This study provides a preliminary assessment of the use of wild meat and fish by rural communities in the Northern Cardamoms, Cambodia. We used a case-study approach in three villages, to identify key characteristics and drivers of wildlife use, with a view to informing the design of future larger-scale investigations of wild meat and fish use in the Cardamoms. Interviews with 41 households, conducted from August to October 2013, were used to investigate the main livelihood activities of each household, including hunting and fishing activity, key hunting techniques and hunted and consumed species. Group discussions with households and hunters were used to determine the relative importance of hunting and fishing as a livelihood activity and food source. We found that over 80% of interviewed households hunted, and similarly over 90% fished. Hunters employed a range of techniques, and caught at least 38 different mammal, bird and reptile species. However, our results suggest that arable farming is the backbone of livelihoods in these villages, providing the bulk of household incomes, and that most households are hunting to prevent crop-raiding, or opportunistically, rather than to supply the commercial trade. While households expressed a preference for wild meat, bought domestic meats and fish were eaten more frequently. A potentially lucrative commercial trade with high profits per animal exists but catches are unpredictable, and hunting is dangerous. However, as many species populations are already heavily depleted, even low hunting offtakes could have significant impacts on vulnerable species. Previous research suggests that commercial hunting which targets larger-bodied and high-value species for the international wildlife trade is mainly conducted by professional hunting groups, external to local communities. The importance of agricultural trade to local communities suggests that “wildlife-friendly farming” initiatives may help to both secure a fair and reliable price for village agricultural products, while promoting conservation of biodiversity in the Cardamoms mountains. However, due to the likely larger impacts of commercial hunting groups, declines in biodiversity are likely to continue without stricter enforcement of wildlife trade laws in Cambodia's towns and cities, and the reduction of demand for wildlife products in consumer countries.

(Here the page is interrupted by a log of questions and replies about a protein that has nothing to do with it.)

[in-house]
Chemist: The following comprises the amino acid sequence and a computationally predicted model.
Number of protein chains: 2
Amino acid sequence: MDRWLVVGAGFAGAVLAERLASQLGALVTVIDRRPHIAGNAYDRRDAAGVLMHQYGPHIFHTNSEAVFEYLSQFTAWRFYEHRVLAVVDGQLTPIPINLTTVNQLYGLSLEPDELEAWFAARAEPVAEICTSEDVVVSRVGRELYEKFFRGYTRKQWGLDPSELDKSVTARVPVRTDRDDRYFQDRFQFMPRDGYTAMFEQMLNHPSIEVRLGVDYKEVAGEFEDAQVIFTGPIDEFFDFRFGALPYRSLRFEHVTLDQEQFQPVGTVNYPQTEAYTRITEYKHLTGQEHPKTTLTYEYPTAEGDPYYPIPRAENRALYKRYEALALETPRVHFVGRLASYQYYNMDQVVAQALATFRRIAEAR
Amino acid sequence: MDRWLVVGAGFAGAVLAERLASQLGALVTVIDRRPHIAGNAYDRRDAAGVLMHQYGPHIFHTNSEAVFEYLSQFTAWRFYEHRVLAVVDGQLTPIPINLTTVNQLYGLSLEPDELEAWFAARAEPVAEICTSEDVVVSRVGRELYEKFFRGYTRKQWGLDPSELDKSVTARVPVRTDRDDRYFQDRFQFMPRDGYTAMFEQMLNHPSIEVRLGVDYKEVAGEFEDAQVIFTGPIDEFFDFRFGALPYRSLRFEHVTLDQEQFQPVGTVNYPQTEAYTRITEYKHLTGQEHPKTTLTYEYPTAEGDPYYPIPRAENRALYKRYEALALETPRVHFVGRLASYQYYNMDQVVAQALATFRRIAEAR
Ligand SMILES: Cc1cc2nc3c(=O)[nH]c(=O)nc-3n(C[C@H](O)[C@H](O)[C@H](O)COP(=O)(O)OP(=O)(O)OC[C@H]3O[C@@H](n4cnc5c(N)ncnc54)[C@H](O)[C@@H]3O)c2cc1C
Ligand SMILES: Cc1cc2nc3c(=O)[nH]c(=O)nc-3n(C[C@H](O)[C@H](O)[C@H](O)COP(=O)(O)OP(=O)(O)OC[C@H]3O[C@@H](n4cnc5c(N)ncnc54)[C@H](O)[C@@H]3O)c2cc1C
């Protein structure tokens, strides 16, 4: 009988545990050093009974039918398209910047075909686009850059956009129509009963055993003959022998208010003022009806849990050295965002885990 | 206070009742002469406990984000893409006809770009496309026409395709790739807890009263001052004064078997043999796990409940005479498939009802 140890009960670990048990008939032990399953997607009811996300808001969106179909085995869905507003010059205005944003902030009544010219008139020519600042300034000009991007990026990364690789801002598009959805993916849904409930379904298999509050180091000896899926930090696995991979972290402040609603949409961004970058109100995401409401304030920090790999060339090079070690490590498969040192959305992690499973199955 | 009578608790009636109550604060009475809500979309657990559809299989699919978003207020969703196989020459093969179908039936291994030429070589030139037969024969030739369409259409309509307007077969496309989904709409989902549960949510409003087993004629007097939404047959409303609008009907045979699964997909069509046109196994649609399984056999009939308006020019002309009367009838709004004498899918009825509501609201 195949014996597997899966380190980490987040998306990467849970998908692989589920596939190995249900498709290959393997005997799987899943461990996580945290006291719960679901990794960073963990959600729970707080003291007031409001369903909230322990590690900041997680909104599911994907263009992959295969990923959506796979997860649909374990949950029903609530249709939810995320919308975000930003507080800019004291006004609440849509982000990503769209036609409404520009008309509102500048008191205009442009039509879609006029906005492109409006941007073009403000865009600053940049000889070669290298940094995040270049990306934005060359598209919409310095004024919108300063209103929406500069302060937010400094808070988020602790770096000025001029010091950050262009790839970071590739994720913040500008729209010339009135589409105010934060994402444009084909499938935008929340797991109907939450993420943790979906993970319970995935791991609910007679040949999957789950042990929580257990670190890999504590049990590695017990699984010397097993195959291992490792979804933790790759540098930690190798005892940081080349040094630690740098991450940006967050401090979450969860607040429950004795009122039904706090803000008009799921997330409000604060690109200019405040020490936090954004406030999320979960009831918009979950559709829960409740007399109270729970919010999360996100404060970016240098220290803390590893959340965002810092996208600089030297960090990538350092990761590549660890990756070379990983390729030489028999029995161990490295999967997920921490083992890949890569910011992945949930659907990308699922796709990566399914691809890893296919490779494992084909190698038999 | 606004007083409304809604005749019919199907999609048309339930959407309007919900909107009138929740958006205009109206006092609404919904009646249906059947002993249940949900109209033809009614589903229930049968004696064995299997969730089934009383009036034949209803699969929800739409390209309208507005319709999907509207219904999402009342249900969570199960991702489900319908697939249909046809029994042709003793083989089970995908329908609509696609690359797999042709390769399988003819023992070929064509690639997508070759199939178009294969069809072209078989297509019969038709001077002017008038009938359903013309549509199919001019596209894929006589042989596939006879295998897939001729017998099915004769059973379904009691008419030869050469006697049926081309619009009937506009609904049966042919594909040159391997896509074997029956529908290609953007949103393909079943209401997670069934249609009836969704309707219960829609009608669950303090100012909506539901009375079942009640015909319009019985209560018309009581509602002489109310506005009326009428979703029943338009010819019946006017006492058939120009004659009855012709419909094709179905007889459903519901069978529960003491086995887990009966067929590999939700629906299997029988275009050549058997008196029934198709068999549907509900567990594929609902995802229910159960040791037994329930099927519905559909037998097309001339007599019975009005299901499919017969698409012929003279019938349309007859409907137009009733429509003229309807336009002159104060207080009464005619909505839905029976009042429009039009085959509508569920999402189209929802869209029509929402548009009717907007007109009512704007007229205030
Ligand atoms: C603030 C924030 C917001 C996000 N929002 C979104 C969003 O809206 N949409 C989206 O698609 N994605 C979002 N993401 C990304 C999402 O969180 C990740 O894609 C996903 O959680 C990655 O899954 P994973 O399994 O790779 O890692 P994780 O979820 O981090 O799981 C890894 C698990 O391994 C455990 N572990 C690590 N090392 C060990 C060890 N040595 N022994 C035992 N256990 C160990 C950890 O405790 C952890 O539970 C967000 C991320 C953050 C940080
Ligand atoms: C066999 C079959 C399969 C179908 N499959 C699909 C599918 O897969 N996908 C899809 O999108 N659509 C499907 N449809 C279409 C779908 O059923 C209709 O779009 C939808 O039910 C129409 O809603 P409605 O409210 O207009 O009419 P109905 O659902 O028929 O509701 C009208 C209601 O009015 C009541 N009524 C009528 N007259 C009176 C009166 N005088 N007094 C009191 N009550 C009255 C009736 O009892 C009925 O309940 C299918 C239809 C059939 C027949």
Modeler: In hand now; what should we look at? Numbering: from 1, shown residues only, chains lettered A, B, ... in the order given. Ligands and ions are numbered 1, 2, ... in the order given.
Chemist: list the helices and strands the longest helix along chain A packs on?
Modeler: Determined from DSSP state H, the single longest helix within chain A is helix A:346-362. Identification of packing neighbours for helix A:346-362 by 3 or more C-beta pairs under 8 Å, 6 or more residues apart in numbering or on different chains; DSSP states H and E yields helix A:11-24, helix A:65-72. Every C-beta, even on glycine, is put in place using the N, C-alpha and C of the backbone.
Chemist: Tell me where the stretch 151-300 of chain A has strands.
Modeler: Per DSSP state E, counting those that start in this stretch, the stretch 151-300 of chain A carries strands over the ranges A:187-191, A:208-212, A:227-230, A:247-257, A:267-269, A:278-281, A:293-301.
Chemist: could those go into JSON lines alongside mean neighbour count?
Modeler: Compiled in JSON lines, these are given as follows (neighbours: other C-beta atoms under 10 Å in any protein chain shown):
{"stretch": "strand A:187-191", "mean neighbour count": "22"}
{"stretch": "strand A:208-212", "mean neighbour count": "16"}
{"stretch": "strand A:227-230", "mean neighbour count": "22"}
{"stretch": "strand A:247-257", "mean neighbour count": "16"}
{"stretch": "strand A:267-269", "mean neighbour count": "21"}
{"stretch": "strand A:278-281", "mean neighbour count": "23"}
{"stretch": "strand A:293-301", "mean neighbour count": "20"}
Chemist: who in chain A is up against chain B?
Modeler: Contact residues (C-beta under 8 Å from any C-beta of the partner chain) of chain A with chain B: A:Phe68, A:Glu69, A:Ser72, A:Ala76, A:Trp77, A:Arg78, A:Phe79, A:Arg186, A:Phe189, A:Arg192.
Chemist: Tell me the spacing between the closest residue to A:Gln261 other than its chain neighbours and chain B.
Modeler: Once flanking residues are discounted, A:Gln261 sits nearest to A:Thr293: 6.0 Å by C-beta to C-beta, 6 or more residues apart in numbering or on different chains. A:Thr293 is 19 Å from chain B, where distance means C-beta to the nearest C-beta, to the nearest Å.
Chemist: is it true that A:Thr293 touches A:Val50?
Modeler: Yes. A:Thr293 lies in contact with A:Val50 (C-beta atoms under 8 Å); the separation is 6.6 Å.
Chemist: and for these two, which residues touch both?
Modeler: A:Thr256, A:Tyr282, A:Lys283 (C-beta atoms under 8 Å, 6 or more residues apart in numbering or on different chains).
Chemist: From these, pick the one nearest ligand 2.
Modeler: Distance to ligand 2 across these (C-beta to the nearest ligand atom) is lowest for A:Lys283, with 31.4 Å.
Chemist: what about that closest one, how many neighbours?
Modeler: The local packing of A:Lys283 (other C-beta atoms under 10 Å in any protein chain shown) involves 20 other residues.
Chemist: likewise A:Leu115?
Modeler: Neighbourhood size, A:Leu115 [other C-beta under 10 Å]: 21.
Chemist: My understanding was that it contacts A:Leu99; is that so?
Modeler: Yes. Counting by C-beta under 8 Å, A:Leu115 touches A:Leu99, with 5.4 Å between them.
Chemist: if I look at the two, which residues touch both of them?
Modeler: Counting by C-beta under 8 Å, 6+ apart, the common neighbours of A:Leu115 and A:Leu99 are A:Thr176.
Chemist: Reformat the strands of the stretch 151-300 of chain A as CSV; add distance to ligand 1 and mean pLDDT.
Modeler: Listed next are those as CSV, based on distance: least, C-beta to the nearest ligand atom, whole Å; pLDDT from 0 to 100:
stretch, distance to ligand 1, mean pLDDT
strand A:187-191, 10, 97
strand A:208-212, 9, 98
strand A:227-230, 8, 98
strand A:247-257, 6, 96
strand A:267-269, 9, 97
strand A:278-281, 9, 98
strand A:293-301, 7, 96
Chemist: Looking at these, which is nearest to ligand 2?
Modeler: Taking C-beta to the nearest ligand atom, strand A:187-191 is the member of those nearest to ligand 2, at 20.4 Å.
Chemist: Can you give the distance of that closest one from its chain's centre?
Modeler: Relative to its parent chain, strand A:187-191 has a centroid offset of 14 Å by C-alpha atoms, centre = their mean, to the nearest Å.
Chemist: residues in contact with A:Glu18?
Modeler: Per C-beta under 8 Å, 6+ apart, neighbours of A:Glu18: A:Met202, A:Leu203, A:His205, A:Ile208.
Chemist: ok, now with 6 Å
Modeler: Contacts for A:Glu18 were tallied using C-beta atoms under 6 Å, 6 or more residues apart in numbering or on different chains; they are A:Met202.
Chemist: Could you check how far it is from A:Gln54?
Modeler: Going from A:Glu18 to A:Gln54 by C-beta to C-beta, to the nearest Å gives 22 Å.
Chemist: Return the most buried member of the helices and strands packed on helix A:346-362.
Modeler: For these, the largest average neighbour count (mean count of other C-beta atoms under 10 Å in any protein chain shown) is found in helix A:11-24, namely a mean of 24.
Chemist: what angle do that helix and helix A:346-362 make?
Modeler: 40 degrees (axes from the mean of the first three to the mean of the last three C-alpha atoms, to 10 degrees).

Dimensions Citation Count:
Frontiers in Ecology and Evolution 7: 296